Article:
The hon. Member for Henley asked what would happen if he was discovered in a recumbent position in the town centre of Henley after a good Friday night out and what his interaction with the CSO would be. It is difficult to imagine that the CSO would do anything other than approach him and say, ''Good evening, Mr. Johnson. We've been enjoying ourselves, haven't we?'' Given that the CSO would undoubtedly recognise the hon. Gentleman—

Mr. Osborne: Not in his constituency.

Mr. Denham: The CSO would certainly be aware of the hon. Gentleman's place of work and might well conclude that he had been satisfactorily able to identify the hon. Gentleman for the purpose of issuing a fixed penalty notice. The other subjects of this afternoon's discussion would not apply.

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It is important to recognise—this point was rightly made by the hon. Member for South-East Cambridgeshire—that the starting point of the process is the identification of the individual to get a name and address for the purpose of exercising the powers in the Bill. The issues that we have discussed this afternoon come into play only when a person refuses to give his name and address or the CSO has reasonable grounds to believe that the name and address given is false. Our intention is not to introduce a wide-ranging power for CSOs to scour the streets searching for individuals to detain—that thought might have inadvertently crept into the debate. The power derives from the ability of a CSO to identify a name and address to allow action to be taken under the relevant legislation.

Hon. Members reflecting on points made in the debate might conclude that—this is not my argument—police officers in, for example, rural areas, should not have the power of arrest. We are told that, if it is not possible immediately to remove someone from the scene and take them to a police station or guarantee that the police will arrive in less than 30 minutes, the attempt to detain someone physically is doomed to failure. Where does that leave the substantial number of much-respected rural police officers who patrol small towns on their own, not by car, who cannot guarantee backup within a particular time by a police car? That is clearly part of the reality of policing in rural areas, but no one suggests that those police officers should not have wide-ranging powers of arrest and the ability to use reasonable force. Some of the dilemmas about when it is prudent to exercise those powers, to which my hon. Friends referred, obviously arise for serving police officers, but no one would seriously suggest that they should not have those powers. A key part of the Government's approach is that it is reasonable to expect that the powers that will be made available to CSOs under Government amendment No. 171 will be used after proper training, with discretion and full awareness of the circumstances in which it would be appropriate to use them, including the time in which support might be available.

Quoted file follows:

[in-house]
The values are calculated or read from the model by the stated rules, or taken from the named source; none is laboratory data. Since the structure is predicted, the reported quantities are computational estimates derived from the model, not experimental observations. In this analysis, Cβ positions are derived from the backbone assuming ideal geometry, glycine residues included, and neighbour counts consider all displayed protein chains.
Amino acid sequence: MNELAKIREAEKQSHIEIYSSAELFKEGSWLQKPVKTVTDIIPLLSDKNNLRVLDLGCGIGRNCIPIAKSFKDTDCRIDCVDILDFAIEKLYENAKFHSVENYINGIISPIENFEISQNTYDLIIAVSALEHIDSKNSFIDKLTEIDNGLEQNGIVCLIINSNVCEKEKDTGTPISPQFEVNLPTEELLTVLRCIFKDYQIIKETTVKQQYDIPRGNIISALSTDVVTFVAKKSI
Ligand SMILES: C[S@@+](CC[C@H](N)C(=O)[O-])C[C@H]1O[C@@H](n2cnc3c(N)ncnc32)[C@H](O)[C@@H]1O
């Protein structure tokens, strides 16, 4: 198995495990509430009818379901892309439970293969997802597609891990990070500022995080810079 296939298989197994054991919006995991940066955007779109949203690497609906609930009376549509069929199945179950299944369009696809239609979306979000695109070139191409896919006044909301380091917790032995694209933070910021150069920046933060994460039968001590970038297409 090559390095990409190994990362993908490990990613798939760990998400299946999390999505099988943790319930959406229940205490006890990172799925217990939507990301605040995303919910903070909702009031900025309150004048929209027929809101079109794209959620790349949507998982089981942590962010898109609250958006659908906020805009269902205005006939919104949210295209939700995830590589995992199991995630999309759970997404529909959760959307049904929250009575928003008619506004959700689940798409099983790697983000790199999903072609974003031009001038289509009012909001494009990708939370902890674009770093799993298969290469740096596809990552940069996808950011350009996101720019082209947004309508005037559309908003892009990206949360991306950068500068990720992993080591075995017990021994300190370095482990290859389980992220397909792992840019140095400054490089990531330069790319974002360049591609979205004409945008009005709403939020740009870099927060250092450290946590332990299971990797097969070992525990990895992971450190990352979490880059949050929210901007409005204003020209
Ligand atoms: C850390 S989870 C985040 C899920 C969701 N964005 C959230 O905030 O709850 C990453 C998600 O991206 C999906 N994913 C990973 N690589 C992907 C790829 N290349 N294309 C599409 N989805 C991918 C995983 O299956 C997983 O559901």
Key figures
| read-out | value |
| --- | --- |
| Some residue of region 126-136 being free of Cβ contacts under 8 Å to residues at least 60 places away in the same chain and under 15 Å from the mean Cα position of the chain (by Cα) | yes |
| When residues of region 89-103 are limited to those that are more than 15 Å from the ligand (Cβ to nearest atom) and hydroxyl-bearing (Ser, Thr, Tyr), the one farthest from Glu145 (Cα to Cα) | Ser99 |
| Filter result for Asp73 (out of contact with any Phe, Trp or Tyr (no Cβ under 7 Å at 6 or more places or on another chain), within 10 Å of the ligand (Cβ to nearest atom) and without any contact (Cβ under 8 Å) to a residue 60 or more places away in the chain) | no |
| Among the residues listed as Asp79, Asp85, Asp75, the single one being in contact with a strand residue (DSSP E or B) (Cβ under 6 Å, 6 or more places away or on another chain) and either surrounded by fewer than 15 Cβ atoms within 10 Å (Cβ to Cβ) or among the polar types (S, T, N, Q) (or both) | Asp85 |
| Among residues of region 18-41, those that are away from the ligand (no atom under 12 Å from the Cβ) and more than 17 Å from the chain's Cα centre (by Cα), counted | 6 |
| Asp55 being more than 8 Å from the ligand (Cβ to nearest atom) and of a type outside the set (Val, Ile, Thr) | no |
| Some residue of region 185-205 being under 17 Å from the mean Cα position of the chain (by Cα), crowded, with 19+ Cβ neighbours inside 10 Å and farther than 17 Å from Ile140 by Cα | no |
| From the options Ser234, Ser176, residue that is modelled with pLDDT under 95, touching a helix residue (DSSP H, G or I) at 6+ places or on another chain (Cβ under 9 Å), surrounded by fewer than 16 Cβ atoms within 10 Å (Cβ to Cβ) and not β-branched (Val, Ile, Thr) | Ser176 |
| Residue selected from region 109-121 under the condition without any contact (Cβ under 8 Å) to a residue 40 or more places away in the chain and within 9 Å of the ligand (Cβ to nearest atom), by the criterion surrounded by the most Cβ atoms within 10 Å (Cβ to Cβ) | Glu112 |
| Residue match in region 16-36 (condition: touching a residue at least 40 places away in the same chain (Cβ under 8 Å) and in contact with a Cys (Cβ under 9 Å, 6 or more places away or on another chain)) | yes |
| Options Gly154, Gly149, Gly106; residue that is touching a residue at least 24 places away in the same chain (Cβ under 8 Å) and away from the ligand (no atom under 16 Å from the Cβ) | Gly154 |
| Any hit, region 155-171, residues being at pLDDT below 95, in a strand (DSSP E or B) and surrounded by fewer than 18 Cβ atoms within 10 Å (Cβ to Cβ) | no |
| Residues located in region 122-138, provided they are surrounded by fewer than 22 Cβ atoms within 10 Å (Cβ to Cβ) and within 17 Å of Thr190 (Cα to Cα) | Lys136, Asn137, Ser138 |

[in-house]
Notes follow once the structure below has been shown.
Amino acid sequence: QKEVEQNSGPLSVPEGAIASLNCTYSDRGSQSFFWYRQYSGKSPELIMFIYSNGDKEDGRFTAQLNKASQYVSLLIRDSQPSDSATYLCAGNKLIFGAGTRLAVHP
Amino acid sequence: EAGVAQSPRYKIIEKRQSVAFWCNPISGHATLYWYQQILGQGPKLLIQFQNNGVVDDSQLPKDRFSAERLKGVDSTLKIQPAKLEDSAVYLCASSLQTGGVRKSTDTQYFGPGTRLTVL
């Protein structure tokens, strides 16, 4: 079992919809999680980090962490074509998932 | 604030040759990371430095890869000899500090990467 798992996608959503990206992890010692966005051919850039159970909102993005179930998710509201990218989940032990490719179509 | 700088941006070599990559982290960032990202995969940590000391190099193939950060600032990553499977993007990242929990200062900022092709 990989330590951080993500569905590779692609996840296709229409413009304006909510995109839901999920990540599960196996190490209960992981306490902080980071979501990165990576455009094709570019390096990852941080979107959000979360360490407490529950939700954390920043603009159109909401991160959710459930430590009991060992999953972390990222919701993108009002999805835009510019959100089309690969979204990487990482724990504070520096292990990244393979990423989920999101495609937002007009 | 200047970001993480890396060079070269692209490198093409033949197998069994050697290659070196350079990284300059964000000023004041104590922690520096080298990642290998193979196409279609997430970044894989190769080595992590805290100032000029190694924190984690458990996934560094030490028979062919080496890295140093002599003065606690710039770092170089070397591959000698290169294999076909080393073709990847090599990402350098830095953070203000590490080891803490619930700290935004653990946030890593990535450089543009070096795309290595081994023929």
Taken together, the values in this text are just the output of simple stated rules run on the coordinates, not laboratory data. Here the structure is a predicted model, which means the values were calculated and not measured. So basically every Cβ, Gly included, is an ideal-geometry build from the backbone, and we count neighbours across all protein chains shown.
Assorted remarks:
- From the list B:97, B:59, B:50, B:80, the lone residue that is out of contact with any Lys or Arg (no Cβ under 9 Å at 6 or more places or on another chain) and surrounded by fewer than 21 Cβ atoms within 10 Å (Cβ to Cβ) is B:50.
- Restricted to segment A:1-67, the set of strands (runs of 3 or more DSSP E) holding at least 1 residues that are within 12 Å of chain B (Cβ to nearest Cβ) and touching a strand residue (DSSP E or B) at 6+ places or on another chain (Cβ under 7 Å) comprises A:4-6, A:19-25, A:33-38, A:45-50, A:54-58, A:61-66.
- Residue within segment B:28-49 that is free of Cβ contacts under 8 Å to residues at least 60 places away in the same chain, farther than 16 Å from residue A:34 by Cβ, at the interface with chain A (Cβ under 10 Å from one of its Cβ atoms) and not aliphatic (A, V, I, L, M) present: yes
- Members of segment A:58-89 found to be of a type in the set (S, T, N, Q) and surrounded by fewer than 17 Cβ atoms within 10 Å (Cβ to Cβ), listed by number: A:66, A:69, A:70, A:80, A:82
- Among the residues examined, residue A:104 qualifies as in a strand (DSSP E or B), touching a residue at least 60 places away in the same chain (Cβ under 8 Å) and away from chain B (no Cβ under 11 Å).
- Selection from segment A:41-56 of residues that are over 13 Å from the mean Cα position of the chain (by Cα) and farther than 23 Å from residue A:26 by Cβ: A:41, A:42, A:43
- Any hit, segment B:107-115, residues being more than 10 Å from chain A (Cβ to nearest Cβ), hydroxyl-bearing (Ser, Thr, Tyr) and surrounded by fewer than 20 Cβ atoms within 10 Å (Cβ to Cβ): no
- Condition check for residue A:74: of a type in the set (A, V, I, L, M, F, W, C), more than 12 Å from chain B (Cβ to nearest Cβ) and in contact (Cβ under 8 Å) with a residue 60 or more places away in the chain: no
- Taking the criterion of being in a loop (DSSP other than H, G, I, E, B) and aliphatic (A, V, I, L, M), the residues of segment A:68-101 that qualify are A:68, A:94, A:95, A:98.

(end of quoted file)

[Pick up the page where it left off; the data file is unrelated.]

Mr. Paice: The Minister again refers to proper training. The mind boggles about how much training will be crammed into a short period. If people are going to be trained for 35 weeks, they might as well be full-blown police officers.